Is the ‘special relationship’ over? Biden didn’t use a sentence during the first meeting with Liz Truss
Is the ‘special relationship’ over? Joe Biden didn’t use the phrase during the first meeting with Liz Truss, leading to rumor that it’s ‘retiring’
- Prime Minister’s First Meeting with Biden in Washington Shows Sentence Can Be Phased Out
- US President Biden instead told Liz Truss, “You are our closest ally in the world.”
- ‘Special relationship’ conceived by Churchill in 1946 during a lecture tour of American universities
- White House denied the term was ‘retired’ but offered to suspend its use
The phrase has long stood for the enduring bond between the UK and the US.
But Liz Truss’s first meeting with Joe Biden in Washington suggested the term “special relationship” might be phased out as she launched her new foreign policy ethos.
The president did not utter the words Winston Churchill first used in bilateral talks, but told her, “You are our closest ally in the world.”
Last night, the White House denied that the term was “retired,” but offered to suspend its use, with an official saying, “We’ll shut it down until we can figure out what’s going on.”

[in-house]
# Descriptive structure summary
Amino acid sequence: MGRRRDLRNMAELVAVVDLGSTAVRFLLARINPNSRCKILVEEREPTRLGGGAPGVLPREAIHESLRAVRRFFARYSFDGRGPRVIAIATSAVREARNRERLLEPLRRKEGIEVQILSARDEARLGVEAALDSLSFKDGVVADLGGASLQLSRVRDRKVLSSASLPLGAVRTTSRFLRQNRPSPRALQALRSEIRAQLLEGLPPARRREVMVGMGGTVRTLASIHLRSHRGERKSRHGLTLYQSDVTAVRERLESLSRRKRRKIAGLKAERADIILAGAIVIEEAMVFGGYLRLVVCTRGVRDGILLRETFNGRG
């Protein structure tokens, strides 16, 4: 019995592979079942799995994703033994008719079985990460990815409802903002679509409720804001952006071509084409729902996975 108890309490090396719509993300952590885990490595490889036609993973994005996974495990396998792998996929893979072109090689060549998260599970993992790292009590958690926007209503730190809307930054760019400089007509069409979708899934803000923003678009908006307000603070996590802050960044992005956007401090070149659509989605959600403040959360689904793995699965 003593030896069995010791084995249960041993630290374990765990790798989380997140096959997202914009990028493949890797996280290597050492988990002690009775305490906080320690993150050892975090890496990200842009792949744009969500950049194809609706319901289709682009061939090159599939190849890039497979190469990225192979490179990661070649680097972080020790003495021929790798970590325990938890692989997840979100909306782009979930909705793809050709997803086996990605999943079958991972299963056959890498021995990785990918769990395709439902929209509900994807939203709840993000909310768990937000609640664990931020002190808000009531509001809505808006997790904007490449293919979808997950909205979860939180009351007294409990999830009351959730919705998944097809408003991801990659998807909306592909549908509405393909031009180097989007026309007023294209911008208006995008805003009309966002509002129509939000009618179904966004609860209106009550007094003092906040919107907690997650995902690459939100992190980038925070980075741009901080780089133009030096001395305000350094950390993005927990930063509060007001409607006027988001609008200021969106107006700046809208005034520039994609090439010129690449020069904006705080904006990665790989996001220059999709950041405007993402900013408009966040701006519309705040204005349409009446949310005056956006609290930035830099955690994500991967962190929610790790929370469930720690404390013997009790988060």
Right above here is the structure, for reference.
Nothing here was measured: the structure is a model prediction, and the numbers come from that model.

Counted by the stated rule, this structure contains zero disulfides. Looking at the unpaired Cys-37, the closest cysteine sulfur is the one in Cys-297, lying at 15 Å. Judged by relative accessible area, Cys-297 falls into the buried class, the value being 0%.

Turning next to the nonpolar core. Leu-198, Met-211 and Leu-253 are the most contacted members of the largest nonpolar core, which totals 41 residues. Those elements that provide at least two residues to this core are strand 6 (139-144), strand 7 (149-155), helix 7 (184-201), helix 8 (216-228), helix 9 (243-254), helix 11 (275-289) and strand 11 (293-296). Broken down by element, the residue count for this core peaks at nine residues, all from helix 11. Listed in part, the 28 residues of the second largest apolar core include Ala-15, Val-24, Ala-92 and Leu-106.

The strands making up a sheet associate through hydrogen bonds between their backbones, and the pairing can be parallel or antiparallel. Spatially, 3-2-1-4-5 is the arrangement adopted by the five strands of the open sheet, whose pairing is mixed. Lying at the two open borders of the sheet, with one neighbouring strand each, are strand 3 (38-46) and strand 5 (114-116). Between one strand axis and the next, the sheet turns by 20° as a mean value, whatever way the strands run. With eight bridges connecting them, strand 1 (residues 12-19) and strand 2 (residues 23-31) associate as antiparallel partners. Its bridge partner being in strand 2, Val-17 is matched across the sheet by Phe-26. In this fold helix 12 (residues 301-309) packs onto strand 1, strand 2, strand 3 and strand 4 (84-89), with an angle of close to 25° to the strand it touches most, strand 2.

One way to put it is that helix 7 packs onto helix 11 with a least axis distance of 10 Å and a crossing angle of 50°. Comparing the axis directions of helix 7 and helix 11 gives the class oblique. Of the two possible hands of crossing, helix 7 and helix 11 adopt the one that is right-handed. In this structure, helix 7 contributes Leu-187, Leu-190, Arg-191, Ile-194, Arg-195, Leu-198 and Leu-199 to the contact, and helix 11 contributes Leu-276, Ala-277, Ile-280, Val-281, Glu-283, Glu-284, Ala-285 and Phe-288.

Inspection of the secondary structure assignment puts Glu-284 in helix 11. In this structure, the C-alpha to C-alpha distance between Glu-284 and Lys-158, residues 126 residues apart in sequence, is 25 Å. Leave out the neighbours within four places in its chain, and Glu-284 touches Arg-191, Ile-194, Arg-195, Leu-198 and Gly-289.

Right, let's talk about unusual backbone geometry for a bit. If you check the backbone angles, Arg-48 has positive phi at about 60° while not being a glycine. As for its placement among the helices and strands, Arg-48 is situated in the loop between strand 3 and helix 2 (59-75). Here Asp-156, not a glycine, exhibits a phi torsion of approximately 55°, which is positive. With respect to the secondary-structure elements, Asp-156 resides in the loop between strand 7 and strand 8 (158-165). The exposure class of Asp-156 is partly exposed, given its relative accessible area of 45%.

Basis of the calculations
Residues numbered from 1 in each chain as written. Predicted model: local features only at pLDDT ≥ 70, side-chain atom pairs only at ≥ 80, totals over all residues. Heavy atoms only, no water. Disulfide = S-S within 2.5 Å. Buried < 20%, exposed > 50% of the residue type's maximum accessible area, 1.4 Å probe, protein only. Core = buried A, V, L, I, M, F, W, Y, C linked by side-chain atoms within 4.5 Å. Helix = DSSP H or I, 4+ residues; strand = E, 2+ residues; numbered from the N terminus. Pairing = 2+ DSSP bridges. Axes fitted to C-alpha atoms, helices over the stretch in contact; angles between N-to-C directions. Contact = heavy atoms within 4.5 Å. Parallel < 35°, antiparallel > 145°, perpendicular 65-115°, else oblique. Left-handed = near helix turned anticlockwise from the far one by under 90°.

However, the exchange was in stark contrast to when Miss Truss hit number 10 earlier this month.
At the time, Mr Biden said he looked forward to deepening “the special relationship” between the two nations.
Liz Truss’ first meeting with Joe Biden in Washington suggested that the term “special relationship” could be phased out. The two leaders held a bilateral meeting during the Prime Minister’s visit to the US to attend the 77th UN General Assembly
President Biden did not speak the words first used by Winston Churchill, but instead to Ms. Truss, “You are our closest ally in the world.”
Although he has used the phrase before in dealing with Boris Johnson, the former prime minister has suggested scrapping the term as it risks sounding “needy and weak”.
His official spokesperson noted: “He prefers not to use the expression, but that does not detract from the importance we place on our relationship with the US.”
Miss Truss has previously supported her predecessor’s thoughts on the matter. Last year, the prime minister told a fringe event at the Tory conference that the relationship was “special but not exclusive,” adding that Britain should not be “worried like a teenage girl at a party if we don’t act as good enough.” are considered’.
The term was first used by Churchill on a tour of American universities in 1946. It was most commonly used to describe the close relationship between Margaret Thatcher and Ronald Reagan.
Relations between the countries have been tense in recent years, especially around post-Brexit trade in Northern Ireland.
Miss Truss held talks with Mr. Biden at the UN General Assembly in New York in an effort to find common ground and mend the relationship.